I have my PostgresSQL database on my Ubuntu 18.10 laptop, and I want to access my laptop database on my Desktop with Windows 10 PostgreSQL because I am learning how to use Microsoft's Power BI and Power BI is only available on Windows.

Thus, I edited my postgresql.conf file as follows:

listen_addresses = 'localhost,my_public_ip_address,my_local_ip_address'

Thus, I edited my pg_hba.conf file as follows (adding these lines to very bottom of file):

host    all             all             my_local_ip_address           md5
host    all             all             my_public_ip_address          md5

After this, I run:

sudo /etc/init.d/postgresql restart
sudo pg_lsclusters

The postgresql service restarts unbelievably fast hinting at a problem and lsclusters reports:

Ver Cluster Port Status Owner    Data directory              Log file
11  main    5432 down   postgres /var/lib/postgresql/11/main /var/log/postgresql/postgresql-11-main.log

For some reason, editing pg_hba.conf and postgresql.conf crashes my cluster and any attempt to log in with "psql postgres" or "psql -h localhost -d my_database -U my_user_name" results in:

me@me-computer_name:~$ psql postgres
psql: could not connect to server: No such file or directory
    Is the server running locally and accepting
    connections on Unix domain socket "/var/run/postgresql/.s.PGSQL.5432"?

As soon as I restore my original .conf backups with the reverted changes and restart postgresql 11 again, everything works perfectly fine. Why does editing the two .conf files crash my client, and how can I enable my client to allow connections from other computers near my house (and ONLY my house) through my public / local ip?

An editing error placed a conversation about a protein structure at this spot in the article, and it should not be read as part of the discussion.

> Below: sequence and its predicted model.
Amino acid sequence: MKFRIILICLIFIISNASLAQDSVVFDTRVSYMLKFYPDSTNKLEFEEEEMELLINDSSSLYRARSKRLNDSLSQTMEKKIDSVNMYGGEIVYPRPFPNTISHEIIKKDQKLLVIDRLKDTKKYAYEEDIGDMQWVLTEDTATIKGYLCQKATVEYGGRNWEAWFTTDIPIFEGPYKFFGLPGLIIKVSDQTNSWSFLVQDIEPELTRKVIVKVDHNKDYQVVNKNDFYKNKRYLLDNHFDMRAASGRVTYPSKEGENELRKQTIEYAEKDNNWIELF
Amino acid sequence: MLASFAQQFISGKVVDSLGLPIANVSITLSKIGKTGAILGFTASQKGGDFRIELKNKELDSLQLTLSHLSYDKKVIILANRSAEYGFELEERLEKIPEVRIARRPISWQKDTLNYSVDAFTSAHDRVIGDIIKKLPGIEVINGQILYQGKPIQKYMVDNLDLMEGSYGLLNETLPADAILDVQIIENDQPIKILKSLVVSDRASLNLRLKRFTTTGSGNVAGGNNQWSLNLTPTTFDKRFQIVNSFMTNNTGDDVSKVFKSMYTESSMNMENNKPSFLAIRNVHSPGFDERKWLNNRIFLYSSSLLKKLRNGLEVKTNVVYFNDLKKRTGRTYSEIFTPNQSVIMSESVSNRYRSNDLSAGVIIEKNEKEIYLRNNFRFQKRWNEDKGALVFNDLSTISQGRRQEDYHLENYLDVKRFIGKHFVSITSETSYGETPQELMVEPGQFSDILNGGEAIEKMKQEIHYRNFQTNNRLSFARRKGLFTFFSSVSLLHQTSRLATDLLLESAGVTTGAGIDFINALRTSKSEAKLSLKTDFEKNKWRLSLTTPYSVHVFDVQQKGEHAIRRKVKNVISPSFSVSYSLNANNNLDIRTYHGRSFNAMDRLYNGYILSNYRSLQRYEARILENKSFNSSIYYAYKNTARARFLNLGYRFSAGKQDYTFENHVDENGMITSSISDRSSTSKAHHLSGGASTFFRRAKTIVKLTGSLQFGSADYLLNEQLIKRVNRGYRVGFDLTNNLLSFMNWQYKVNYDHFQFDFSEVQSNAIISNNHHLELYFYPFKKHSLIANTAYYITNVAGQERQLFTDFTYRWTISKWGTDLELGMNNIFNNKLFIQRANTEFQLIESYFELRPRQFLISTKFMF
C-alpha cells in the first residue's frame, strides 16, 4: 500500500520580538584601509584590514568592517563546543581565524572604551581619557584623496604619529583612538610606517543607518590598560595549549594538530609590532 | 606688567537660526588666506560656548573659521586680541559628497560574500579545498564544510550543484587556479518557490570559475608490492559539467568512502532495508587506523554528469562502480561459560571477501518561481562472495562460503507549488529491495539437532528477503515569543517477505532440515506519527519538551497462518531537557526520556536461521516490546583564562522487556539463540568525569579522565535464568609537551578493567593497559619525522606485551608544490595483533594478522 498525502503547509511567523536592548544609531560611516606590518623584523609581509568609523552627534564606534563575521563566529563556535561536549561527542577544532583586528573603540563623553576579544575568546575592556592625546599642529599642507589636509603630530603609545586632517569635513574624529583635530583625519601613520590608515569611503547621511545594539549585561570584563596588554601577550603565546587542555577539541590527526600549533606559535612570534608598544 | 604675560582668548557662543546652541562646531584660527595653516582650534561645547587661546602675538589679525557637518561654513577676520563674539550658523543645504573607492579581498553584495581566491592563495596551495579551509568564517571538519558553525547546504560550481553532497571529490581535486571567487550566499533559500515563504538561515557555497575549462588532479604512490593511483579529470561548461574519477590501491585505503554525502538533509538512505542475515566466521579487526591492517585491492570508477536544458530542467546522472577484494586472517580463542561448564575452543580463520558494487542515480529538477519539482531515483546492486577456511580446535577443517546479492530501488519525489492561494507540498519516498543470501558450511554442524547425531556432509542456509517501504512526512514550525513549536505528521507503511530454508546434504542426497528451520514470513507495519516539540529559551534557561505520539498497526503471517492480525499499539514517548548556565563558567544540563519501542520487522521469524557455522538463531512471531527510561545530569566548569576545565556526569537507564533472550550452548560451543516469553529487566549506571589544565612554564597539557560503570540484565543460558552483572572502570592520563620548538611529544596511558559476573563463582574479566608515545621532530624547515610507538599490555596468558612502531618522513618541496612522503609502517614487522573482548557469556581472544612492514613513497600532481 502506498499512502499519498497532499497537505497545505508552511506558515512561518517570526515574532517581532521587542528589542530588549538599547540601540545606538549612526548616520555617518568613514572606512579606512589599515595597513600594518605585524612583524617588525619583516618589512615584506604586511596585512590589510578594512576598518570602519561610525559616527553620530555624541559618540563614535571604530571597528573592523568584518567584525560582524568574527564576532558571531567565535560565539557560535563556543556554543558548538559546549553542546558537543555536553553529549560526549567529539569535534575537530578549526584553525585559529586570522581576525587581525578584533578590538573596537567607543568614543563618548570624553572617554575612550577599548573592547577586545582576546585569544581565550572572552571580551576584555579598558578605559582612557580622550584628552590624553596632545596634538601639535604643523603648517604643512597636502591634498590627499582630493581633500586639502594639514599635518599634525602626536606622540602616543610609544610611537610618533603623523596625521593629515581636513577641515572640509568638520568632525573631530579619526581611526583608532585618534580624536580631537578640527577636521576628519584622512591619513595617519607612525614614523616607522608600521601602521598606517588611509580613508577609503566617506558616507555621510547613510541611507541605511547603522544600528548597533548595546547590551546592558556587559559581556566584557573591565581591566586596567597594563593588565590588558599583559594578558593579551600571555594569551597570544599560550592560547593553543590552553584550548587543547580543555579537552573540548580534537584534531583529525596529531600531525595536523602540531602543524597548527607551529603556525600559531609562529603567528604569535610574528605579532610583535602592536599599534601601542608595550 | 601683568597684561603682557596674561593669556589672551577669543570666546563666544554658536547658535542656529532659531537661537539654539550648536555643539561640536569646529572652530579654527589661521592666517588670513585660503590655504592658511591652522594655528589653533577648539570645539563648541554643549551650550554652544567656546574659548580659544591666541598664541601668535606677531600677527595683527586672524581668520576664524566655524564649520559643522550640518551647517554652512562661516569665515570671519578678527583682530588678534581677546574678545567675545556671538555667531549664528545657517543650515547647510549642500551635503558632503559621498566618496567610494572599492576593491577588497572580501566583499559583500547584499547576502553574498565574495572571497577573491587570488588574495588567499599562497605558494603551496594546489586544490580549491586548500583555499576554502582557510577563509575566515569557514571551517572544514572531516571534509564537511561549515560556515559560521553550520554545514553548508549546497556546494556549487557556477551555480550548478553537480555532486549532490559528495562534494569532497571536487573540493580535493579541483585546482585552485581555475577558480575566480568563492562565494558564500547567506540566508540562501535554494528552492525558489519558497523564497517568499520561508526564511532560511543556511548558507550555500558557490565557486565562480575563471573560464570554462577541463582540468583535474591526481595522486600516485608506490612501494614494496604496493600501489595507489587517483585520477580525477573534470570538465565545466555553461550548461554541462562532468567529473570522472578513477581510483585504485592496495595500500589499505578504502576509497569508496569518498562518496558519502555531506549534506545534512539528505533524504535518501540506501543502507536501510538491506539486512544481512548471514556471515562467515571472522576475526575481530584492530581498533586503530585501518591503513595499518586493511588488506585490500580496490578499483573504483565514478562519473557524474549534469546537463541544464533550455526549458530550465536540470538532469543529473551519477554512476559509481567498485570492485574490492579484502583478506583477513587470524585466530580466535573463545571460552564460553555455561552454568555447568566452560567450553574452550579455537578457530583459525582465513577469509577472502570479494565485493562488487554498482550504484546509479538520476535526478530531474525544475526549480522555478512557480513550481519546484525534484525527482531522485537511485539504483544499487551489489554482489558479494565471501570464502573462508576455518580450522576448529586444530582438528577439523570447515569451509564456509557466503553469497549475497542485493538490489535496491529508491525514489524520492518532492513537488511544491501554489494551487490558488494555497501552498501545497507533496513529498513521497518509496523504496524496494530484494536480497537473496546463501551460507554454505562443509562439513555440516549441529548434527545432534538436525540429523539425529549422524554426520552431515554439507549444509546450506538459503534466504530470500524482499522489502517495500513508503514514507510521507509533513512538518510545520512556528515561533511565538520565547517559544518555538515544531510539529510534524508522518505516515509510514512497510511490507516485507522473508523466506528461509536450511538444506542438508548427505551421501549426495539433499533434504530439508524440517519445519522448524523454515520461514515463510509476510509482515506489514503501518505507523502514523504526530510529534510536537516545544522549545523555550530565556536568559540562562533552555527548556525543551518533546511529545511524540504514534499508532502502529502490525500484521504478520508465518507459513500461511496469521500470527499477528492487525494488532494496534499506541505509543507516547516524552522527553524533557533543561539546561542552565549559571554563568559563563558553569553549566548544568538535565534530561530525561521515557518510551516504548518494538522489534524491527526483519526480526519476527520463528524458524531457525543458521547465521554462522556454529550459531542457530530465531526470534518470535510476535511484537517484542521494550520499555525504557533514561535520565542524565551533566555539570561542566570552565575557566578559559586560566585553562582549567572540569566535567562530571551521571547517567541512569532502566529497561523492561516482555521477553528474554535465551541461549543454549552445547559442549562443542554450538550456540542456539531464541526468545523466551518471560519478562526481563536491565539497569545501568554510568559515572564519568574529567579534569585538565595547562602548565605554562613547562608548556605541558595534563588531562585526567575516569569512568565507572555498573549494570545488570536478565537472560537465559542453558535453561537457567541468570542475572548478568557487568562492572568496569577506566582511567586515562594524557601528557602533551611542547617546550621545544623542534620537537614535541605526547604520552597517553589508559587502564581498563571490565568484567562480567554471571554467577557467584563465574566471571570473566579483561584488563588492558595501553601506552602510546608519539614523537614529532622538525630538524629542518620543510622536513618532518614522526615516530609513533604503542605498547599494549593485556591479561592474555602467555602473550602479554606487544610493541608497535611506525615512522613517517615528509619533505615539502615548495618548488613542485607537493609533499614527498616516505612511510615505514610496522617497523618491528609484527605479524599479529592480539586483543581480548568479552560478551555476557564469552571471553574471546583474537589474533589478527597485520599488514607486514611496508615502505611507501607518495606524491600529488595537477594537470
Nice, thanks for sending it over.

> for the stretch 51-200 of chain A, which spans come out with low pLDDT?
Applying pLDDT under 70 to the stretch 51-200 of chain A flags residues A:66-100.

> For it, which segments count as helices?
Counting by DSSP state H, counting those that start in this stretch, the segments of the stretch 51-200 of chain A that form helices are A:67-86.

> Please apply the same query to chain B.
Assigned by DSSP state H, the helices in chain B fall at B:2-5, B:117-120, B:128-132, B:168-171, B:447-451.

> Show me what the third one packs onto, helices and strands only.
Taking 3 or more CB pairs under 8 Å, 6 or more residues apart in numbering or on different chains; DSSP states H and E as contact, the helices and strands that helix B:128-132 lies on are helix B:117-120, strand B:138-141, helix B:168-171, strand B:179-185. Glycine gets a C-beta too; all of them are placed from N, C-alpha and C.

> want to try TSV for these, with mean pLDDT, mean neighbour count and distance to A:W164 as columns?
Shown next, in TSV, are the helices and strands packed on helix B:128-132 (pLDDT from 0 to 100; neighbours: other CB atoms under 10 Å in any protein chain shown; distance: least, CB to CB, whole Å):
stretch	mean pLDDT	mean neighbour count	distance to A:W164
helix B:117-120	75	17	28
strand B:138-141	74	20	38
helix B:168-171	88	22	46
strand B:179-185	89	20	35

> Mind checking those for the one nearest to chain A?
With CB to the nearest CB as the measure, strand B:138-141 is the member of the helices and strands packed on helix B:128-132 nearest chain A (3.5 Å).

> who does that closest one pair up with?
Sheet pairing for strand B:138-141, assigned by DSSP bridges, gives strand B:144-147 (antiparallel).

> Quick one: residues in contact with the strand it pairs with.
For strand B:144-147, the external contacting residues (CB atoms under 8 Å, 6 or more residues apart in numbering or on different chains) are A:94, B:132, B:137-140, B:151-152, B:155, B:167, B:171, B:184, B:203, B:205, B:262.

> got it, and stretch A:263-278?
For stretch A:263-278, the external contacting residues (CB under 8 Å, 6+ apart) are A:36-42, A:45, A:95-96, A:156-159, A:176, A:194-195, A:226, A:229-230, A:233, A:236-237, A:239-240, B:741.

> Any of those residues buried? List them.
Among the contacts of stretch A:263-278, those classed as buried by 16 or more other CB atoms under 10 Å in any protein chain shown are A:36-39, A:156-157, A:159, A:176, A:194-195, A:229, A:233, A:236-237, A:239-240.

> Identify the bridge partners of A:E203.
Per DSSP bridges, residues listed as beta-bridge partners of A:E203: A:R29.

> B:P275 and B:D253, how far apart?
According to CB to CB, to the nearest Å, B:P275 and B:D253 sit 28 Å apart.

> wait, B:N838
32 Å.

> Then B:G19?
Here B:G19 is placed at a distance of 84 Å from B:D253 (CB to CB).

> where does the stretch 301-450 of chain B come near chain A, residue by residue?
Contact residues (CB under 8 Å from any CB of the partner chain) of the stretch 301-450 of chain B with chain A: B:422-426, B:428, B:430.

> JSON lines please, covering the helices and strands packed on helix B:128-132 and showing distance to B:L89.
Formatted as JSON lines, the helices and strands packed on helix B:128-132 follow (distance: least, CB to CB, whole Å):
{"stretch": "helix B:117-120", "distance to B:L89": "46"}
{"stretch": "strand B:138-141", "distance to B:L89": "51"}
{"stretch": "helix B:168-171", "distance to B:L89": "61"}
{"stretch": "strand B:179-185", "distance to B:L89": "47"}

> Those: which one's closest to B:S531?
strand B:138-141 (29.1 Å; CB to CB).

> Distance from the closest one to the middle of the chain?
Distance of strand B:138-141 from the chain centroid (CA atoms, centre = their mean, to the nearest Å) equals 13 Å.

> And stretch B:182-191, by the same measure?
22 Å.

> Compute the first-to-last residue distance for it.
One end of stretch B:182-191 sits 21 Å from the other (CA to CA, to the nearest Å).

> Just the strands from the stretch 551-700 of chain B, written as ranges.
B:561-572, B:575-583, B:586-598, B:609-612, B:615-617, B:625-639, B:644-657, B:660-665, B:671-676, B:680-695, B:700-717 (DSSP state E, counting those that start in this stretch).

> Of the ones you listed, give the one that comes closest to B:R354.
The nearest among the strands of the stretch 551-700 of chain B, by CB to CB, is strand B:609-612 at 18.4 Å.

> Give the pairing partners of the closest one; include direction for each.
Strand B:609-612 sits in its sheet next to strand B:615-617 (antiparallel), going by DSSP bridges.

1 Answer 1


When a Postgres instance doesn't restart, you want to always look first at the log file mentioned by pg_lsclusters (/var/log/postgresql/postgresql-11-main.log). It will have the error message telling why the server quits immediately on restart.

Based on the mentioned changes, it's probably that it cannot listen to one of the addresses you mentioned in listen_addresses. These addresses must correspond to network interfaces that are installed on the server, not the remote addresses of the devices that are expected to connect. These interfaces on the server can be listed with the ip a list command.

In terms of source/destination, this is the opposite of pg_hba.conf, which may list the remote addresses (remote from the POV of the server) that are allowed to connect (plus generally localhost to allow for local connections).

  • You were right. It was my public_ip_address that caused the issue. Removing that and keeping the local_ip_address in listening addresses works in postgresql.conf. To keep it simple, in pg_hba.conf, I just used host all all md5 so I can add other addresses in the future without hassle. My listening address is not '*'. This should be fine, correct? Apr 10, 2019 at 6:18
  • @Humble-Data-22: yes, although most people use a more restrictive netmask to restrict the rule to their private network. For instance if the local address starts with 192.168, you could use instead of Apr 10, 2019 at 11:27

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